Curiously, Dennis Conner of San Diego, commonly considered the man to beat in match racing, was not one of those who went extra innings. On the short six-mile course used in the Congressional Cup, the skipper with a clear advantage across the starting line wins about four times out of five. When it comes to hounding rivals into an unfortunate position before the starting gun, Conner, who was the starting helmsman of Courageous in the last America's Cup, is a master and modest enough to admit that his unrivaled record of two wins and a second in previous Congressional Cups was helped by a bloated reputation. "It has been a case of the rich get richer," he says. "My opponents worry about what I am going to do to them before the start rather than concentrating on what they can do to me." Whatever Conner's advantage before the gun, it was not enough this year. He took most of his starts handily, but did not move well on the course.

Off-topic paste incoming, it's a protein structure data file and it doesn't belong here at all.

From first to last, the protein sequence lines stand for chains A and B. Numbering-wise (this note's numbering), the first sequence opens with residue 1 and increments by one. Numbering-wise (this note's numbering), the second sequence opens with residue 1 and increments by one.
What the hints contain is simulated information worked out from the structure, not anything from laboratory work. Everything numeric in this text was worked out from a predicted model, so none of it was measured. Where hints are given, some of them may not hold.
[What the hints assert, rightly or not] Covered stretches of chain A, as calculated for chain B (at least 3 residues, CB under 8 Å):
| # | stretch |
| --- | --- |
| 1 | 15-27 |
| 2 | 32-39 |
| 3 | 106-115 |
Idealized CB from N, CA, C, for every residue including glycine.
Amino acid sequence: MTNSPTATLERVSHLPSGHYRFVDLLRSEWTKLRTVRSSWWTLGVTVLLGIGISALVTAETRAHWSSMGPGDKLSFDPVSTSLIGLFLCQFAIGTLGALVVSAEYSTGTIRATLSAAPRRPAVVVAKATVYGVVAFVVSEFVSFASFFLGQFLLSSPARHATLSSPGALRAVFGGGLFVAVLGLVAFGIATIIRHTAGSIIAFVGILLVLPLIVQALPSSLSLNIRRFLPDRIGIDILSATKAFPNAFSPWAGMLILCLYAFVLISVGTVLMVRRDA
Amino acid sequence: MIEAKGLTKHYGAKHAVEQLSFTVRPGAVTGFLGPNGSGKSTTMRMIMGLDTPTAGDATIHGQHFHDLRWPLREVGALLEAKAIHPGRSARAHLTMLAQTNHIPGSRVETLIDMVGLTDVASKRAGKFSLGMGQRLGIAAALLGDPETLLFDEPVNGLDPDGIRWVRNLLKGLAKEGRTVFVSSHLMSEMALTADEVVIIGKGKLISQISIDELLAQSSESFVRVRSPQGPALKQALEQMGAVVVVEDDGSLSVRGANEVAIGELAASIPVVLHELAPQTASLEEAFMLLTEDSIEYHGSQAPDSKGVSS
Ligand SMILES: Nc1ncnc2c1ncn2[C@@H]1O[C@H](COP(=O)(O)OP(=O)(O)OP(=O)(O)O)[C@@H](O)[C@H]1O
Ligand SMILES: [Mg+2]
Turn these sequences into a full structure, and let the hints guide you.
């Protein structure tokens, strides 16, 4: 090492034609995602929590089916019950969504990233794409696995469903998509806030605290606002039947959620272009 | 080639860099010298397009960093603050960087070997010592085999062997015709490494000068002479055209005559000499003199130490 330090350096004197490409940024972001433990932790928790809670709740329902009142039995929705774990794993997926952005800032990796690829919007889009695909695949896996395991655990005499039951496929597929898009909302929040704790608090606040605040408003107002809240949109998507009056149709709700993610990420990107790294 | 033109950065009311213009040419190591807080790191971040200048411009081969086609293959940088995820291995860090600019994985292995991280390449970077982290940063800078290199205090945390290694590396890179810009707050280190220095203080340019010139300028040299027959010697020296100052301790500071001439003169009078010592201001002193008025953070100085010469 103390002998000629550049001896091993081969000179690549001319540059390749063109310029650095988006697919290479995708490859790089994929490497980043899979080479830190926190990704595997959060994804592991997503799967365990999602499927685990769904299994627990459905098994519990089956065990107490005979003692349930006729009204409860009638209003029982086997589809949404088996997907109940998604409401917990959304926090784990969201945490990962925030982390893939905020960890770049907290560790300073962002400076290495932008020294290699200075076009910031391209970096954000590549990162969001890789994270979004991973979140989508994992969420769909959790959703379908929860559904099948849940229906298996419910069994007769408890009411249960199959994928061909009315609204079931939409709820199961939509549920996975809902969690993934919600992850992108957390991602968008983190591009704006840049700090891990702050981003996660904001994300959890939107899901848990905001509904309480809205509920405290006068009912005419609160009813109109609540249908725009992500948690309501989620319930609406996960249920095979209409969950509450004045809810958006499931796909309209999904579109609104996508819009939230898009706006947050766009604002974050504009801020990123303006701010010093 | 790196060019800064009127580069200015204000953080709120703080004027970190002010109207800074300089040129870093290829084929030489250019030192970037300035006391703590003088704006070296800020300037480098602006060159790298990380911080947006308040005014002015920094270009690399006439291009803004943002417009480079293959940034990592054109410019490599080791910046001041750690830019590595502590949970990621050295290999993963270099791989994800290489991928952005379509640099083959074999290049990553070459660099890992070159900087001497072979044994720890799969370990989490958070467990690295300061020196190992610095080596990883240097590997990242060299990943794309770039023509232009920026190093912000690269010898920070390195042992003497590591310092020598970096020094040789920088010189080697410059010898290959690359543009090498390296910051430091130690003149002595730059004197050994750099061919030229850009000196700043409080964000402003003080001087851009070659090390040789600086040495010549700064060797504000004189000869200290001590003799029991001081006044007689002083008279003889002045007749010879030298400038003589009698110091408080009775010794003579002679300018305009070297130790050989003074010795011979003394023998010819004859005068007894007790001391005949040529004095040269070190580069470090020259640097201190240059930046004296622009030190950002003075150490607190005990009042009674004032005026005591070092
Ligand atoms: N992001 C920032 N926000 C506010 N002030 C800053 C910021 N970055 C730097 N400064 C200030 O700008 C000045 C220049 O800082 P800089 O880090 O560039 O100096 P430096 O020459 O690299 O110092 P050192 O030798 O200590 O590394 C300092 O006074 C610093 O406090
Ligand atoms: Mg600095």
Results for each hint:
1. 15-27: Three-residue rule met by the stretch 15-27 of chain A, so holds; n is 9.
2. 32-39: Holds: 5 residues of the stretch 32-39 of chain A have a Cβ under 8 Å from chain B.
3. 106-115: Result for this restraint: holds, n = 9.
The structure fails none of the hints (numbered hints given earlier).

The normal limits of the series almost produced a surprise outright winner: Tony Parker, a 29-year-old Maine sailor originally selected as an alternate. When the veteran Ted Hood backed out because of pressing business, Parker got in, bringing modest credentials. In the eight years since he captained the Harvard sailing team, Parker had only one notable win: the 1974 North American title in the�-ton class. At the end of the regular round robin, Parker had crossed the finish line first seven times, but one of two foul claims hung on him stuck, so he came out of the protest hearing a mere shareholder in the four-way tie.